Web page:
Hopscotch Games

Item Last Updated: Sunday, 30-Oct-2016 15:30:04 EDT

Hopscotch Games. 19th Century (1800s) toys and games.
    Hopscotch has been a favorite game of children for centuries. It is played by marking squares on the ground and leaping into designated squares in a particular sequence. The name comes from the 17th century term escocher, meaning to cut or cut with a stick. This was the way children originally marked the playing surface (usually packed earth). It also may broadly relate to the term to the phrase to "scotch" something, as in scotching a rumor, meaning to put an end to a rumor.

    The game is played by scratching or marking a series of squares on the ground, sometimes single squares and sometimes two squares side by side, on which the children would jump. As a child progressed satisfactorily through the series of squares, a pebble would be tossed into the next square to mark the beginning square into which the child was to make their first jump. The remaining rules vary widely, but the object is to make the necessary leaps and maintain your balance as your progress through the series of squares.

    Out of hopscotch, oddly enough, some elements of history have survived thanks to the chanted "calls" passed down from mother to daughter over long periods of time. Perhaps most notable and relevant to the antebellum and Civil War period is the chant which is known today as "The Pateroller Song" ("pateroller" is a term derived from the word "patrollers", a reference to the men who patrolled the highways and byways in search of runaway slaves), a song which slaves began long before the War Between the States began, and one that continues to this day through the hopscotch and jump-rope chant.

    Hopscotch Game: Our Hopscotch game comes with sidewalk chalk, 5 pucks and directions for traditional hopscotch games by Historical Folk Toys.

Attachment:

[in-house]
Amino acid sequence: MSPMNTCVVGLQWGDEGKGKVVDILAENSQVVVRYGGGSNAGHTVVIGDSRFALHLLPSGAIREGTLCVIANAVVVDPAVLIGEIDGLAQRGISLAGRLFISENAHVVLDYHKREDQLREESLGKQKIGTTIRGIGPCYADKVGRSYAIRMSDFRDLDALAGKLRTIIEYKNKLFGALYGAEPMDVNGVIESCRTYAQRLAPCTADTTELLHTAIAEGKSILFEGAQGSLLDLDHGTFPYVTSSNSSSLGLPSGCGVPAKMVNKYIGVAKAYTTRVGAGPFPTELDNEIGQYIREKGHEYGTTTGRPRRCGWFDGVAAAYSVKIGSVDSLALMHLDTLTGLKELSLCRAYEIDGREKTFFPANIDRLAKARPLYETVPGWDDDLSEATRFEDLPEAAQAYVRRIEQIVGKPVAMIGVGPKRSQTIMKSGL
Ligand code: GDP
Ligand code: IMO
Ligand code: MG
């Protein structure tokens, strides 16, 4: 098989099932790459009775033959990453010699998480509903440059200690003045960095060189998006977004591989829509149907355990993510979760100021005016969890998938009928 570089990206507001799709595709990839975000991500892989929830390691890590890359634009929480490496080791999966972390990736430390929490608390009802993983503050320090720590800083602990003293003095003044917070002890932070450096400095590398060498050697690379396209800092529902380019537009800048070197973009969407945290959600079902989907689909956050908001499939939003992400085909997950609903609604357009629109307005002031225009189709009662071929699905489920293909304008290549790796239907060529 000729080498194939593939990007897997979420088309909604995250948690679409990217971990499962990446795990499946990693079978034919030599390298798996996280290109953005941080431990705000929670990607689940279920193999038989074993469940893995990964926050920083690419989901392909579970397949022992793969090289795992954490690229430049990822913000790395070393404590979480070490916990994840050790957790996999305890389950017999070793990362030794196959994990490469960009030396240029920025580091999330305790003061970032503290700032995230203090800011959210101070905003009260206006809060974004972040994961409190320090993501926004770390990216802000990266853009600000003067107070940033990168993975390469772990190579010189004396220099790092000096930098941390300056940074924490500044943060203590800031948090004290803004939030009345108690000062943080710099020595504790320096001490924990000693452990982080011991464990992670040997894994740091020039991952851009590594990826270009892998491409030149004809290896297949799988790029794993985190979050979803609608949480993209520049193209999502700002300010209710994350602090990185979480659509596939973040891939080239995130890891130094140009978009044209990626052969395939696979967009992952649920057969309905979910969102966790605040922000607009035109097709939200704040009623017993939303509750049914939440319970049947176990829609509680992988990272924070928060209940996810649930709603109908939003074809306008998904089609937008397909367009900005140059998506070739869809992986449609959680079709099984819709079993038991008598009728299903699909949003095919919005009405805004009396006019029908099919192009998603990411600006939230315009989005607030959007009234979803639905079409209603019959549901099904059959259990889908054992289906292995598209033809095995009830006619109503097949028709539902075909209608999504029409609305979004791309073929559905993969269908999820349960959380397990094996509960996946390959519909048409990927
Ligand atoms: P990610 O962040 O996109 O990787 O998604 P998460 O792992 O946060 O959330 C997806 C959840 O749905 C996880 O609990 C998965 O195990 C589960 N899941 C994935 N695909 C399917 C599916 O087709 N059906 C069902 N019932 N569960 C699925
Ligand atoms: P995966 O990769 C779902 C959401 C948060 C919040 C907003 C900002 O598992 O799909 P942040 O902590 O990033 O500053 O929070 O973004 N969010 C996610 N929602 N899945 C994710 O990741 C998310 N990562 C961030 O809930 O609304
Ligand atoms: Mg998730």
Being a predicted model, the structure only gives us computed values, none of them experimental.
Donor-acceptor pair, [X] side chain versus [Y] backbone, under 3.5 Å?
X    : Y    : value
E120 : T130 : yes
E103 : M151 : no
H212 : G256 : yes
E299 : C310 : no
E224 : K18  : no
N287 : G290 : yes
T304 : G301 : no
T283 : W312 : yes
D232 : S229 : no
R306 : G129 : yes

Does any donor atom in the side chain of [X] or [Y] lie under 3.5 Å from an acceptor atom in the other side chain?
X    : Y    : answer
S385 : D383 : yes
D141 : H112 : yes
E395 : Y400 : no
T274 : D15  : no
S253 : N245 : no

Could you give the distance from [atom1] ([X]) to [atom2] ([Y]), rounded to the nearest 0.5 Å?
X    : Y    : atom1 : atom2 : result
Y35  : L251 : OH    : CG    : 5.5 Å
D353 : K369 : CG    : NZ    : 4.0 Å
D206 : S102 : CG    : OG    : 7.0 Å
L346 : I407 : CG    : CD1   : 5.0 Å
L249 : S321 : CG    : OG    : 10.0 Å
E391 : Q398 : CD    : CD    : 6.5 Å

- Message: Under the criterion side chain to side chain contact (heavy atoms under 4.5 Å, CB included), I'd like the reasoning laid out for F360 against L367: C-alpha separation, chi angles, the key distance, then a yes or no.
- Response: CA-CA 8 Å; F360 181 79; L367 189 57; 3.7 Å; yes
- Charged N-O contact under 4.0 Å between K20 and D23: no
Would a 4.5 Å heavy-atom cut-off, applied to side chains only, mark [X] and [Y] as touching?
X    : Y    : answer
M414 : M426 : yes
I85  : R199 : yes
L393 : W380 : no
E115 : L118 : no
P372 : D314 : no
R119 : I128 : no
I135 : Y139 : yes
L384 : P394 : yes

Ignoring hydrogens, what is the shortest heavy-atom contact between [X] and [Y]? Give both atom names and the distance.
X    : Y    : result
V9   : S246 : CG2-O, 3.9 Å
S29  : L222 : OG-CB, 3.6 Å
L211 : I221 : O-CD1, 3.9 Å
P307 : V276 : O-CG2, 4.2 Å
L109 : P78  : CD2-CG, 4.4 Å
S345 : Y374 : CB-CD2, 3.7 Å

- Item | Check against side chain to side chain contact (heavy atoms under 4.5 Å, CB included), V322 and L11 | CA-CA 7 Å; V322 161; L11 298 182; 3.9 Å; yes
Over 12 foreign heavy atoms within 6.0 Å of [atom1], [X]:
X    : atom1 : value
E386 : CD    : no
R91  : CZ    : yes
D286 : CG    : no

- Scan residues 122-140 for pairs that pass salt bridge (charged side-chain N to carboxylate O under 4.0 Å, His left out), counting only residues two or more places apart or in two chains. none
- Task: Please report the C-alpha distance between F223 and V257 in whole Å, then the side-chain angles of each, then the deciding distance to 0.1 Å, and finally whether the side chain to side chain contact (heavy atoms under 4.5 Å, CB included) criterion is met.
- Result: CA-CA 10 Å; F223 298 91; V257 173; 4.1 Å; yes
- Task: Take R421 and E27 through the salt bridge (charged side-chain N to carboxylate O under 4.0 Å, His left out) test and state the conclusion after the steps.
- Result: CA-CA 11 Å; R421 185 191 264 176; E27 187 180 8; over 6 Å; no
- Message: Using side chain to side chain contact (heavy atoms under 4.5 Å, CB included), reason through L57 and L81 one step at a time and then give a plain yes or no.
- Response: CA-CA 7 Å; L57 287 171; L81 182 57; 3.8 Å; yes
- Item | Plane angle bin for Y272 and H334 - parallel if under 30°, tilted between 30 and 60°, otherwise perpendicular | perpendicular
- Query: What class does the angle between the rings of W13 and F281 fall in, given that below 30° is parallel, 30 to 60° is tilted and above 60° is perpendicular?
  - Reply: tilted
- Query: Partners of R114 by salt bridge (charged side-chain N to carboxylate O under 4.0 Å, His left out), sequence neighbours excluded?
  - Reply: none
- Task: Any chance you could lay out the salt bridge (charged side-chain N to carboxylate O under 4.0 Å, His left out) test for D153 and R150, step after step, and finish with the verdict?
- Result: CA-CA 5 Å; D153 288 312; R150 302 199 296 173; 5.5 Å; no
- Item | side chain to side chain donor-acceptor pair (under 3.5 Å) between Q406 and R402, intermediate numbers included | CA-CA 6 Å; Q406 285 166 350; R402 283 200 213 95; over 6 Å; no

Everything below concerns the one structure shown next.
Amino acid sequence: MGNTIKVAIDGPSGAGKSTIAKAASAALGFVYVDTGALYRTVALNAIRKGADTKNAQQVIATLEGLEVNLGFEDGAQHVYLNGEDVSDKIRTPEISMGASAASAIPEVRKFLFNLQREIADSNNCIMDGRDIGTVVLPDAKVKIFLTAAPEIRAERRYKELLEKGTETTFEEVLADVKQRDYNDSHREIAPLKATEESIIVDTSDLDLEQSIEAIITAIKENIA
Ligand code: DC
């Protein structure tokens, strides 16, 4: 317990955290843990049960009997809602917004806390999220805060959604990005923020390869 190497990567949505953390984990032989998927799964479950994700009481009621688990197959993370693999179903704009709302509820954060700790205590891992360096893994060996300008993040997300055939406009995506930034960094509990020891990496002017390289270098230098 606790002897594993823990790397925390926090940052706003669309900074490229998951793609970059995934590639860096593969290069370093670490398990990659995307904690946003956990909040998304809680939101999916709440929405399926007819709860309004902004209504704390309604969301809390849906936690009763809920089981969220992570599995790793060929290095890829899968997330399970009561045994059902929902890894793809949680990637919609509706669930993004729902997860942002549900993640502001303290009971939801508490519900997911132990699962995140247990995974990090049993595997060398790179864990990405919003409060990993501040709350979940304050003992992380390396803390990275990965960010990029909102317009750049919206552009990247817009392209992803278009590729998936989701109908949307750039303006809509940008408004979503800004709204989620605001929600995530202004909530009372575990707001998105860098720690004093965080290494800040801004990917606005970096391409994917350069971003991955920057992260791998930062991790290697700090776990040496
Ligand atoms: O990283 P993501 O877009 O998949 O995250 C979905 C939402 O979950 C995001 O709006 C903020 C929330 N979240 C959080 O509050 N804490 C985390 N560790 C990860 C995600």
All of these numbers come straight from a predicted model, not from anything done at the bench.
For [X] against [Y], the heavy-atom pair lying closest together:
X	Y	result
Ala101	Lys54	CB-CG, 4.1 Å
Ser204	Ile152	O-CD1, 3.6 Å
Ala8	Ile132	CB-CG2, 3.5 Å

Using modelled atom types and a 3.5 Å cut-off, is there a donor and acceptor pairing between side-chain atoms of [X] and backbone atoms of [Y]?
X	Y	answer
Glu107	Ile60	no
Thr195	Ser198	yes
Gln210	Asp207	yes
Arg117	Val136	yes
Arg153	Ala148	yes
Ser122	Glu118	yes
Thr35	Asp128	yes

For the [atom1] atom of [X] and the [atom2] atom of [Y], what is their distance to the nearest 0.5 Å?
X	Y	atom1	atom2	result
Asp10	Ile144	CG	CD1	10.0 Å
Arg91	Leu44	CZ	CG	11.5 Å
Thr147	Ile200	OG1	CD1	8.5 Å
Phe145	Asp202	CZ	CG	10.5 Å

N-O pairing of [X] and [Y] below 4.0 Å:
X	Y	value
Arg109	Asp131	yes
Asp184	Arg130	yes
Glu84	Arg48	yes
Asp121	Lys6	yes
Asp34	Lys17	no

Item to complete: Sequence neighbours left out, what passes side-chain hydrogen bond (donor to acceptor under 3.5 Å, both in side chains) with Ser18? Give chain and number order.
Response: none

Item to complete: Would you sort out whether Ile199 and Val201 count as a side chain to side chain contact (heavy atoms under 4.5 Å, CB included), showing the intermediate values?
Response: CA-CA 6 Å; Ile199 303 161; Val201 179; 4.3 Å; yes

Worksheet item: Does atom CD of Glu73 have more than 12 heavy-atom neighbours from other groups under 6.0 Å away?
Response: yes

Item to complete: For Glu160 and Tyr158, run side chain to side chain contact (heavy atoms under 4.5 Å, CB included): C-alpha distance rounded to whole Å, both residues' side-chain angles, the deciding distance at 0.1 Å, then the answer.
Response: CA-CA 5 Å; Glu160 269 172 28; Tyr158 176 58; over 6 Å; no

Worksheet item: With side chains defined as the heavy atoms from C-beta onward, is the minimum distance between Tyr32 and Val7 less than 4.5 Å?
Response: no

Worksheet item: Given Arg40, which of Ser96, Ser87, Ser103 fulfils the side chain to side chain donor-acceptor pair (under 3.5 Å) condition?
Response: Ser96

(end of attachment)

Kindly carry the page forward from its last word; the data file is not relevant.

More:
Hopscotch Games

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Hopscotch Games
Sidewalk chalk, 5 pucks and directions 
@ $8.20 each
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    Historical Background: According to most sources, hopscotch was developed centuries ago in Great Britain during the Roman occupation. Because the original hopscotch courts were used for military training, they were over 100 feet long! These long courts represented the long 400-mile journey on the Great North Road connecting London, England, to Glasgow, Scotland. Roman soldiers used this road frequently, so a military exercise was developed to condition them for it. Roman soldiers tested their strength on these hopscotch courts by carrying heavy loads or wearing full armor. Today, football players go through similar conditioning drills by running through rows of truck tires in full gear.

    It is reported that Roman children made their own smaller courts to imitate the soldiers. The children developed a scoring system for their games, and hopscotch was born and spread throughout Europe. The word "hop scotch" literally came from hopping the long road to Glasgow, Scotland. Various cultures have developed their own games with different courts and rules. Other words for hopscotch are: "marelles" (France), "templehupfen" (Germany), "hinkelbaan" (The Netherlands), "ekaria dukaria" (India), "pico" (Vietnam), and "rayuela" (Argentina).